FDA Guidance sets forth the FDA's "current thinking on a topic and should be viewed only as recommendations, unless specific regulatory or statutory requirements are cited." As the FDA explains,
[The guidance] does not create or confer any rights for or on any person and does not operate to bind FDA or the public. You can use an alternative approach if the approach satisfies the requirements of the applicable statutes and regulations...FDA's guidance documents, including this guidance, do not establish legally enforceable responsibilities.
But, guidance documents should not be ignored because the FDA does tend to follow its own guidance.
What is the difference between laws, regulations, and guidance documents?
The FDA must follow a set of laws, which are passed by Congress, and the FDA routinely issues regulations and guidance documents.
One of the primary laws establishing the framework within which the FDA operates is the Federal Food, Drug, and Cosmetic Act (FD&C Act). The FD&C Act is amended by Congress from time to time. Some of the more significant amendments include the Orphan Drug Act of 1983, Food Quality Protection Act of 1996, and the FDA Food Safety Modernization Act of 2011.
The FDA develops regulations based on the laws that are set forth in the FD&C Act as well as the other laws under which the FDA operates. Regulations issued by the FDA are federal laws and are codified in the Code of Federal Regulations.
When issuing regulations, the FDA follows the procedures set forth in the Administrative Procedure Act (APA). Broadly speaking, the APA sets for a Notice and Comment Rule Making process, which requires that regulatory agencies issue a proposed regulation, allow time for public input, and then issue a final regulation. More information about this process is available here (PDF, Federal Register FAQ), here (Center for Effective Government), and here (LSU Public Health Map).
After a regulation is issued, the FDA may determine that it needs to provide industry, academia, and other stakeholders with more information on how the FDA intends to exert (or decline to exercise, as the case may be) its regulatory authority. The FDA does this through issuing what it has termed 'Guidance' documents. The FDA follows the procedures required by its "Good Guidance Practice" regulation to issue FDA guidance.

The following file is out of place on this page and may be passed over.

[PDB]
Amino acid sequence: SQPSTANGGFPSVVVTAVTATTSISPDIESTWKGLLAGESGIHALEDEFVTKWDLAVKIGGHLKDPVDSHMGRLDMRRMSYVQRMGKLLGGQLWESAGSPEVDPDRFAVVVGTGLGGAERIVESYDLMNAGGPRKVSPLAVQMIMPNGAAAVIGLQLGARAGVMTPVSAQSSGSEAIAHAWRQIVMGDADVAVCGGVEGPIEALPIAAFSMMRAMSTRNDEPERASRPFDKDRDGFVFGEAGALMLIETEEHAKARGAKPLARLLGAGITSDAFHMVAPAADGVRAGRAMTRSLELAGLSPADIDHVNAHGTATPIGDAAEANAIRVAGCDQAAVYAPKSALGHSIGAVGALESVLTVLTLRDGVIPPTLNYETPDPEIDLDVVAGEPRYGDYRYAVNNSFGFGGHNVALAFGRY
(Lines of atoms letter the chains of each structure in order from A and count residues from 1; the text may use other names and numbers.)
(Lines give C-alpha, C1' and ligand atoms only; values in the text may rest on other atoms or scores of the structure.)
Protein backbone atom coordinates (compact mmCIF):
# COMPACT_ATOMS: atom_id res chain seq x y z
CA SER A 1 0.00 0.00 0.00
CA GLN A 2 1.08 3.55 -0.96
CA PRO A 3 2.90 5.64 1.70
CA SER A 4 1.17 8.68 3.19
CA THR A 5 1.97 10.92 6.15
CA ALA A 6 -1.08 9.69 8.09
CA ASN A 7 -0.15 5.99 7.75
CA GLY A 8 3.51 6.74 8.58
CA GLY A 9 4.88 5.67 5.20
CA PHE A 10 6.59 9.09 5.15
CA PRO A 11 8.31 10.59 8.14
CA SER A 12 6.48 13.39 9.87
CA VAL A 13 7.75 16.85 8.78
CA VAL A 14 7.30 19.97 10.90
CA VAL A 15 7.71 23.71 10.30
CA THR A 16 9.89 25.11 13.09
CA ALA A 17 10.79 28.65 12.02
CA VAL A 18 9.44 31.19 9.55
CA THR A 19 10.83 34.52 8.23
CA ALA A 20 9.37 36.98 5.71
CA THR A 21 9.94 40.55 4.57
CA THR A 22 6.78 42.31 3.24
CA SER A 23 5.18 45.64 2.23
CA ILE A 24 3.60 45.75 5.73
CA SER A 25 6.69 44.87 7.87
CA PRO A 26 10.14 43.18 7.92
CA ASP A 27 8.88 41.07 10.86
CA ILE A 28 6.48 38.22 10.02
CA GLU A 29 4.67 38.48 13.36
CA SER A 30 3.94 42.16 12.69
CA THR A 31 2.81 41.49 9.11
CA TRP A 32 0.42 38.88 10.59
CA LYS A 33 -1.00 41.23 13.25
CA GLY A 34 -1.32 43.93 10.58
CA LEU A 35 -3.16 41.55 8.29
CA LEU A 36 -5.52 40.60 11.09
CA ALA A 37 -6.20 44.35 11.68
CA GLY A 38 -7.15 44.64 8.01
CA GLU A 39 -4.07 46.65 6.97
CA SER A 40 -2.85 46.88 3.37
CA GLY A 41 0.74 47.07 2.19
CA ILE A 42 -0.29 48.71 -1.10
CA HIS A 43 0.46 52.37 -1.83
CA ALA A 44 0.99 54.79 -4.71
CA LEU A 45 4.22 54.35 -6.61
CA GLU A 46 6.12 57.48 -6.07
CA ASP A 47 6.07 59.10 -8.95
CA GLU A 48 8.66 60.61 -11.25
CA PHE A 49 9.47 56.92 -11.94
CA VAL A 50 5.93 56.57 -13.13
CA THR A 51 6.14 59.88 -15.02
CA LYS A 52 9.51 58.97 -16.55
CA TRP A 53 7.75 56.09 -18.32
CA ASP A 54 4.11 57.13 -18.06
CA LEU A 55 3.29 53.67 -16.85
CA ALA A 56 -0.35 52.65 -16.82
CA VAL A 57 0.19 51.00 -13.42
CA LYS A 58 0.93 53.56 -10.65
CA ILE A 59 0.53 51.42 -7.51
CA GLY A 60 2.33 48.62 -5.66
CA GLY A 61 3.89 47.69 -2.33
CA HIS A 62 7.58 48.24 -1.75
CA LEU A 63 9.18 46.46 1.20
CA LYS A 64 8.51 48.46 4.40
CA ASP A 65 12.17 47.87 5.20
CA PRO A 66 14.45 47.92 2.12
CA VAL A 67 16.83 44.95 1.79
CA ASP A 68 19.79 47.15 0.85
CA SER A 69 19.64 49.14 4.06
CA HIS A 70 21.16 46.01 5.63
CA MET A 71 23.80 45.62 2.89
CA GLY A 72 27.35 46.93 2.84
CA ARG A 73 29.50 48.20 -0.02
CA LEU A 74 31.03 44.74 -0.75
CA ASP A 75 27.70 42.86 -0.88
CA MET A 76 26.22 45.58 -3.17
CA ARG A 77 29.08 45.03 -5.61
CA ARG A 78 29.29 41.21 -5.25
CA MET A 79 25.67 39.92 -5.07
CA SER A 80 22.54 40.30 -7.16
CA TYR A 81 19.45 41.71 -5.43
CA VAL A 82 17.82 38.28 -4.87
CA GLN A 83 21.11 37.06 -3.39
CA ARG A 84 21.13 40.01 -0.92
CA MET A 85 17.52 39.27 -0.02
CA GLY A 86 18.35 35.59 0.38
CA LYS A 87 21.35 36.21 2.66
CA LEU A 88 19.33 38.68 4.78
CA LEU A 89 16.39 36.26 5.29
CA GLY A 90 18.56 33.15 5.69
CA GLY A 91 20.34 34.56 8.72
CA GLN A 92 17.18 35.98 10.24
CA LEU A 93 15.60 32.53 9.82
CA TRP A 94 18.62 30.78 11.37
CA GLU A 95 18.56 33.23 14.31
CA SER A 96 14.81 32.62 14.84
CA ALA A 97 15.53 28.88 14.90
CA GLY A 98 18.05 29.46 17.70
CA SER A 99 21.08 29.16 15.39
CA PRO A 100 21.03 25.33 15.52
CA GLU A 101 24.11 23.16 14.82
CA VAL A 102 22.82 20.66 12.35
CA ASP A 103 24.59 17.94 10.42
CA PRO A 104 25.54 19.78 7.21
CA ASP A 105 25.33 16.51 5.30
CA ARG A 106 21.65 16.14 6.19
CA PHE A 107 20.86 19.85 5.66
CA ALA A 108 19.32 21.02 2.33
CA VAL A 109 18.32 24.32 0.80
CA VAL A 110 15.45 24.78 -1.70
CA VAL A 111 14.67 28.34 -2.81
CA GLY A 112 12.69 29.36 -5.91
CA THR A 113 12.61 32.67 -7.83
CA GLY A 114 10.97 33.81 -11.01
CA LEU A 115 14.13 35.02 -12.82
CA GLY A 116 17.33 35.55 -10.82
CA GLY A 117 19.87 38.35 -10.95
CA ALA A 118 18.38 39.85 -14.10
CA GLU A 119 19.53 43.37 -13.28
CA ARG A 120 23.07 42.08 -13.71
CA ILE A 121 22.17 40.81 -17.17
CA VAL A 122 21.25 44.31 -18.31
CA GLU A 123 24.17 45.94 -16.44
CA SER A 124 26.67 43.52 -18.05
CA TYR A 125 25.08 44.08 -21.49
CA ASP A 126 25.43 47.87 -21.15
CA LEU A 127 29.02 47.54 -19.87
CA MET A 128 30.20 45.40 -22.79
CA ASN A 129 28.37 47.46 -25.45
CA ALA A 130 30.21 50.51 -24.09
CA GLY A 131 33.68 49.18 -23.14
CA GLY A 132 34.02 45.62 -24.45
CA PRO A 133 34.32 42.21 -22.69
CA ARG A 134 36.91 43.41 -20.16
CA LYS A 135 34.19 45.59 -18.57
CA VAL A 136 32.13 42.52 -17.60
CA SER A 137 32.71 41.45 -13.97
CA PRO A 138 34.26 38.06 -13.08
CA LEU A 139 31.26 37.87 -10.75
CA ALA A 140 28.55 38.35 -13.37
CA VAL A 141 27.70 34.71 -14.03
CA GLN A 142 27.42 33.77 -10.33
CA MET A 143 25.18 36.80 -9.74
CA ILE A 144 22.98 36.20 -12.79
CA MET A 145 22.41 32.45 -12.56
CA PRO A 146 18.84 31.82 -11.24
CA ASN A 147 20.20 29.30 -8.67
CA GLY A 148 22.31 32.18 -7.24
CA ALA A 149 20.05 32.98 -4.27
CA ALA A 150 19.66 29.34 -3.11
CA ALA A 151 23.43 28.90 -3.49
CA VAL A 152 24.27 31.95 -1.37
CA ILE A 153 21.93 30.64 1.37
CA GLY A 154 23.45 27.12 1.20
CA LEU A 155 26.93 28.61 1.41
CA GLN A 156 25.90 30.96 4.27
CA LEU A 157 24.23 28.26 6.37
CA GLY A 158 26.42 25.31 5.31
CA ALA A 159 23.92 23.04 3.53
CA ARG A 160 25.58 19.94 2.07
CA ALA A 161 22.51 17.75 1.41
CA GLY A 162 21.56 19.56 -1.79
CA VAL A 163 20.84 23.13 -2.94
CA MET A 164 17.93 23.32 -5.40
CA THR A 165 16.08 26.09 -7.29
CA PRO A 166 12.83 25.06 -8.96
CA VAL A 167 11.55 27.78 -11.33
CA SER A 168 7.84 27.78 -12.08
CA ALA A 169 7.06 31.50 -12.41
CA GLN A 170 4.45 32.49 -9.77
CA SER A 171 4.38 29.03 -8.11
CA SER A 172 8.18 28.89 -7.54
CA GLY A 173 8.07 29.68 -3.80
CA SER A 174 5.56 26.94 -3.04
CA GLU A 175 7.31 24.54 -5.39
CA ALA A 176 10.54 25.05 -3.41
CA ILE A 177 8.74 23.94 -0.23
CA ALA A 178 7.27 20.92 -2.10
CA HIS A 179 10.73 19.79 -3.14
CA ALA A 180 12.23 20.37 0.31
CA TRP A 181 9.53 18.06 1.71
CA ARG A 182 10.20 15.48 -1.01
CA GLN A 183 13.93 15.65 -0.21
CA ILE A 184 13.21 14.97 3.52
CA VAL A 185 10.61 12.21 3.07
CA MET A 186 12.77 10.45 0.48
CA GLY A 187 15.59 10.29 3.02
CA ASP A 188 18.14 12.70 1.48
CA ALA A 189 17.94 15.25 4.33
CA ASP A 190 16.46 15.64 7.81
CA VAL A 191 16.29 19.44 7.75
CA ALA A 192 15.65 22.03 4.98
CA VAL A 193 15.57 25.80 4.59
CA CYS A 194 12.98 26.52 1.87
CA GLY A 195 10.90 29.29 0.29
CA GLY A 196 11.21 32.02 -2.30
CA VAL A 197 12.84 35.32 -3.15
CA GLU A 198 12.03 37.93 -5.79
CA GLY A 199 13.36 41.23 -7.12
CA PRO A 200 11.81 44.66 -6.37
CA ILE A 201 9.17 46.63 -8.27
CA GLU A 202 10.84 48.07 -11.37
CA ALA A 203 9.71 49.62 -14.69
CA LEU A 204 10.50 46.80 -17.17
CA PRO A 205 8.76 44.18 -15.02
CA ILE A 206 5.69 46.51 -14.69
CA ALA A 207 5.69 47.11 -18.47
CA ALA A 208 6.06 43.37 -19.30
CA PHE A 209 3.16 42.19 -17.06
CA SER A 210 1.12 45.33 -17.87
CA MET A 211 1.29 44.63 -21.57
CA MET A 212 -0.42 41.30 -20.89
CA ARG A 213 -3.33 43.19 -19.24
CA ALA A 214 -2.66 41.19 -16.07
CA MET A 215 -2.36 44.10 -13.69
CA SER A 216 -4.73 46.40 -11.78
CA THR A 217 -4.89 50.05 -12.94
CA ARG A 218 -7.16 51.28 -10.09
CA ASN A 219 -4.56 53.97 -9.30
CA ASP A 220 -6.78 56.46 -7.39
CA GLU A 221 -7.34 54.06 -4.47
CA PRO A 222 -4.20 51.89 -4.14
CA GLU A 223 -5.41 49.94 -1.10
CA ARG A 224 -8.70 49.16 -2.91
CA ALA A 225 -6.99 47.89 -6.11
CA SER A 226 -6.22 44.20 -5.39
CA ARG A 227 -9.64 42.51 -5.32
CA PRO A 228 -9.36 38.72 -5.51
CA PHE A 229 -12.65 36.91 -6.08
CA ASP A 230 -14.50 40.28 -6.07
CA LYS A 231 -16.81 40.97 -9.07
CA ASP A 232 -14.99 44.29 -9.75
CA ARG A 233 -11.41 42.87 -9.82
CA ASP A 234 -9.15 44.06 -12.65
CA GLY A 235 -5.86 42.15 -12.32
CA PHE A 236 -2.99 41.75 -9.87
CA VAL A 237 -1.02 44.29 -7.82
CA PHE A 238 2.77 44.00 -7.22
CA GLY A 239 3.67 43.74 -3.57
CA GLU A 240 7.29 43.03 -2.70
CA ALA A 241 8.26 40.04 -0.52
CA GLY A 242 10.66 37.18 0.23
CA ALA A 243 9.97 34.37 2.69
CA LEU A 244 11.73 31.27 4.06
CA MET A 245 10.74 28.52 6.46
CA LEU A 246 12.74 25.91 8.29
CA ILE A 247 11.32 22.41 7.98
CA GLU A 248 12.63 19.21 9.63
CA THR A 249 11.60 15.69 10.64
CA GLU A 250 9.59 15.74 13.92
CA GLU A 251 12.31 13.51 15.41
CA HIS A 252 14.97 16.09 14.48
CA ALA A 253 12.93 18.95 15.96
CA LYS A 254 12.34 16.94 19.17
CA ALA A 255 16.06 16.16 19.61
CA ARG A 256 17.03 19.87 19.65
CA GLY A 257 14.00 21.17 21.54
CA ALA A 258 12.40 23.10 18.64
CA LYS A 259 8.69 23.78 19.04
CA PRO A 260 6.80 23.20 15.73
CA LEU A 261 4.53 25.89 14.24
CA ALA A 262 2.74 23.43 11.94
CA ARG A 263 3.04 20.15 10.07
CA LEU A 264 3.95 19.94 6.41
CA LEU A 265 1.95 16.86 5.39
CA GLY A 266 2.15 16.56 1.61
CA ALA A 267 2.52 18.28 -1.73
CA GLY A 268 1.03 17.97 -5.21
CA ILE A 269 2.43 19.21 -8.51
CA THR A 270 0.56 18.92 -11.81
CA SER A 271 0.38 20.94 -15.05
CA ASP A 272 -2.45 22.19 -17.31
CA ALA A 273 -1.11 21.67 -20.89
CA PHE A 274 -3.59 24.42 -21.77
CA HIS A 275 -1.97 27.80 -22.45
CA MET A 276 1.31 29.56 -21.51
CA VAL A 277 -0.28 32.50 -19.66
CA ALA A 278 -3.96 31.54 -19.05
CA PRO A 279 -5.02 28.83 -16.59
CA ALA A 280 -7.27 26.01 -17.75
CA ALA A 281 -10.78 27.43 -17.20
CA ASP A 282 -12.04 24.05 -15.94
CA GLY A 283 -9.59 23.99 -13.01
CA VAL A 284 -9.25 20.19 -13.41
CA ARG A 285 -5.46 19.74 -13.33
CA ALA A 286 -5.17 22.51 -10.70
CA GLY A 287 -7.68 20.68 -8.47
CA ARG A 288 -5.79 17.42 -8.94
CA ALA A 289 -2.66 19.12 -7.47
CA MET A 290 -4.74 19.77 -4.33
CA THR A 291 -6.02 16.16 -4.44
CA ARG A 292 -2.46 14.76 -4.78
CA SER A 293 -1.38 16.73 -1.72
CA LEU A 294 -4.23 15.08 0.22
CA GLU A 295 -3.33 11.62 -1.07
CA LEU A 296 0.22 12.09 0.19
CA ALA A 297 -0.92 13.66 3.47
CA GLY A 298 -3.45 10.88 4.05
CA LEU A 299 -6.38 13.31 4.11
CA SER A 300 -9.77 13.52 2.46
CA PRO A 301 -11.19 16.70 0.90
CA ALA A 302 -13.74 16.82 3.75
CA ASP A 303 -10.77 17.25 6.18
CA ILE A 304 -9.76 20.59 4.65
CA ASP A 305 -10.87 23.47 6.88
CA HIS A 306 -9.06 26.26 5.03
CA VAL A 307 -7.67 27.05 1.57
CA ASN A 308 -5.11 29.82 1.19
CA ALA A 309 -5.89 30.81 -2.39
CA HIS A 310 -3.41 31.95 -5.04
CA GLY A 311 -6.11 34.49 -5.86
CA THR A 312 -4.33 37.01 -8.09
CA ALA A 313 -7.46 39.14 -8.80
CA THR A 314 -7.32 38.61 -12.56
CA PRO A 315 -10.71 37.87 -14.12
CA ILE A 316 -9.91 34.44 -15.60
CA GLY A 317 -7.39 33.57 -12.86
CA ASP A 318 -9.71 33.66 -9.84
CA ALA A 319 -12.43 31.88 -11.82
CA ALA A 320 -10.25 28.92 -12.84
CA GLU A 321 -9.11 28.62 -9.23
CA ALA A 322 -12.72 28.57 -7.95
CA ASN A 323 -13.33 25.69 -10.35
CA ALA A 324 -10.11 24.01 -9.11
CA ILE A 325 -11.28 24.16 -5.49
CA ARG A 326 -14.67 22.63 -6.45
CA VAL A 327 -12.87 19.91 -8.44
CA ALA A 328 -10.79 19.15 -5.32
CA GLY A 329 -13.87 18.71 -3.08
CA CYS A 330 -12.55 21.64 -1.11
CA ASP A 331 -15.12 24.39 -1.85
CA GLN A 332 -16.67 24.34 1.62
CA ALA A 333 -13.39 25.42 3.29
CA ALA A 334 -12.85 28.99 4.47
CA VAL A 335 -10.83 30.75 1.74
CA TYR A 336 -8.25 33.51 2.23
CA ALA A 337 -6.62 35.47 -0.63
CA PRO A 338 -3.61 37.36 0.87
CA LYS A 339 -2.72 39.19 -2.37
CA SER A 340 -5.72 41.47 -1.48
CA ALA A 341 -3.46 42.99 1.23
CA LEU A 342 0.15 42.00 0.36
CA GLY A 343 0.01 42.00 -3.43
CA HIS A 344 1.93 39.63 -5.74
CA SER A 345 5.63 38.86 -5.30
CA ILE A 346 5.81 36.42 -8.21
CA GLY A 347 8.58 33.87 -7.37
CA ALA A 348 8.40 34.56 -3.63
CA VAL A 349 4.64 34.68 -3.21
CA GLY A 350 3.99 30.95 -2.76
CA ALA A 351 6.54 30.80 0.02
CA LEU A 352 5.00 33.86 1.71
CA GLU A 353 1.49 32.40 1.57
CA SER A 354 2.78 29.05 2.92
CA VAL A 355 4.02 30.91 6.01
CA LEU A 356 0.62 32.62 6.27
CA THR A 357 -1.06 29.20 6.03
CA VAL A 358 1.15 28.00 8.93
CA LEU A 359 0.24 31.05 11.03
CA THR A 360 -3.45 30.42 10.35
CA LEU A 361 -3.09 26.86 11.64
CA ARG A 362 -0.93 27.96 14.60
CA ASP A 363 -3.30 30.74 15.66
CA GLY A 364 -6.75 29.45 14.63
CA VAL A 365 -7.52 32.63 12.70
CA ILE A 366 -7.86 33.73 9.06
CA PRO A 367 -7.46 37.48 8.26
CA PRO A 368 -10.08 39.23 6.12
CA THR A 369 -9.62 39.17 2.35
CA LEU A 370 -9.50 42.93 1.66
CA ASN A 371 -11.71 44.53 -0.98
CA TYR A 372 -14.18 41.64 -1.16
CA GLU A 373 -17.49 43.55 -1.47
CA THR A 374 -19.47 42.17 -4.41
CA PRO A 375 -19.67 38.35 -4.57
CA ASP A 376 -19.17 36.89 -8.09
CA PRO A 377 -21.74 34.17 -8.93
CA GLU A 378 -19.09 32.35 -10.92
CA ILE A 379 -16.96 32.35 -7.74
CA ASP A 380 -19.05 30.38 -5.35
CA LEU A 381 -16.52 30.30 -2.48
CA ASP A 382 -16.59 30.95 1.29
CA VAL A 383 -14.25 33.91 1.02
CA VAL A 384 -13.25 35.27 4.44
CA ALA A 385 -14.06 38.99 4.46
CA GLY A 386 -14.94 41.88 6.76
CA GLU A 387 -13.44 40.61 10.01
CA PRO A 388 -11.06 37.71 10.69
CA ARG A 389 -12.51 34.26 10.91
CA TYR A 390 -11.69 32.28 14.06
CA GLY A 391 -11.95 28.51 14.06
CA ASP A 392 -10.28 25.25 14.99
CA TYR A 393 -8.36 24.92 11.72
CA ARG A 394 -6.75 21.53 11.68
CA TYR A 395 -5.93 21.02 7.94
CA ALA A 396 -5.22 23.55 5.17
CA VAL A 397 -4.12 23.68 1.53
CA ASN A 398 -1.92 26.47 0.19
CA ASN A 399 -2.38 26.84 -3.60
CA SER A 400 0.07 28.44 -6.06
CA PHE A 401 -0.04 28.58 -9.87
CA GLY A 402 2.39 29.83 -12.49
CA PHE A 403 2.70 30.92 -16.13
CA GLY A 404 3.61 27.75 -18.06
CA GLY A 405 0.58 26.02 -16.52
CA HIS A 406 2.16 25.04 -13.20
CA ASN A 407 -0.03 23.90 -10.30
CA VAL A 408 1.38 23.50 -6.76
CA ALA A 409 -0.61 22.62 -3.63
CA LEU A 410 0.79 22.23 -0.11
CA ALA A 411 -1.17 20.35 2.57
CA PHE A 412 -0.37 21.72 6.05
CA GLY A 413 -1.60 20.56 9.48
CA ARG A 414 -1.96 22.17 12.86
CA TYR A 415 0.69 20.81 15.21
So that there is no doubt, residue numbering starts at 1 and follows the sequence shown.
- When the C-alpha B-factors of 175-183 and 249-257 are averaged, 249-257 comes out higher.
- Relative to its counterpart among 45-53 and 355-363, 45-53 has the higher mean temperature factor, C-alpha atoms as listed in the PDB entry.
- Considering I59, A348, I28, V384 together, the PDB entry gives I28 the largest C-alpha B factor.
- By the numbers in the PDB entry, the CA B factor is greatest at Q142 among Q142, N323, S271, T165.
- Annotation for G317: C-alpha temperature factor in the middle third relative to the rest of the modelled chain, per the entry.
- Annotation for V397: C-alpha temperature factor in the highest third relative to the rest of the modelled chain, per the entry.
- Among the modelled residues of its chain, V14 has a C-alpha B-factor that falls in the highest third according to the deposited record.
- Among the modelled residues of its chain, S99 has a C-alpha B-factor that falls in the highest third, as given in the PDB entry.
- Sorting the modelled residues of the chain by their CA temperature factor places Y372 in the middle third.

Guidance documents must not set new legal standards or impose new requirements. Unlike regulations, guidance documents do not contain amendments to the Code of Federal Regulations and are not subject to the notice and comment process.
Are FDA Guidance Document Law?
No. The FDA guidance documents are not legally binding on the public or the FDA. BUT, the FDA has come to rely on guidance documents as a means of informal policy making. By telling industries when it does and does not plan to act, the FDA is giving industry stakeholders notice of its position on certain issues (e.g., how the FDA intends to treat mobile medical apps). As a result, impacted industries would be wise to take heed and pay attention to the guidance documents. So, for practical purposes, FDA guidance documents are laws.
Do Guidance documents bind the FDA?
In other words, can the FDA base its legal action against a company on an FDA Guidance document or can a company use an FDA Guidance document in its own defense?
This is a complicated question due to several cases that were decided by the U.S. Supreme Court: (1) Christensen v. Harris County, 529 U.S. 576 (2000); (2) United States v. Mead Corporation, 533 U.S. 218 (2001), and (3) Barnhart v. Walton, 535 U.S. 212 (2002). For a good summary of these case and the current standing, see the article reference below by Kevin Michael Lewis.
For more on the FDA and why it issues guidance documents, please see: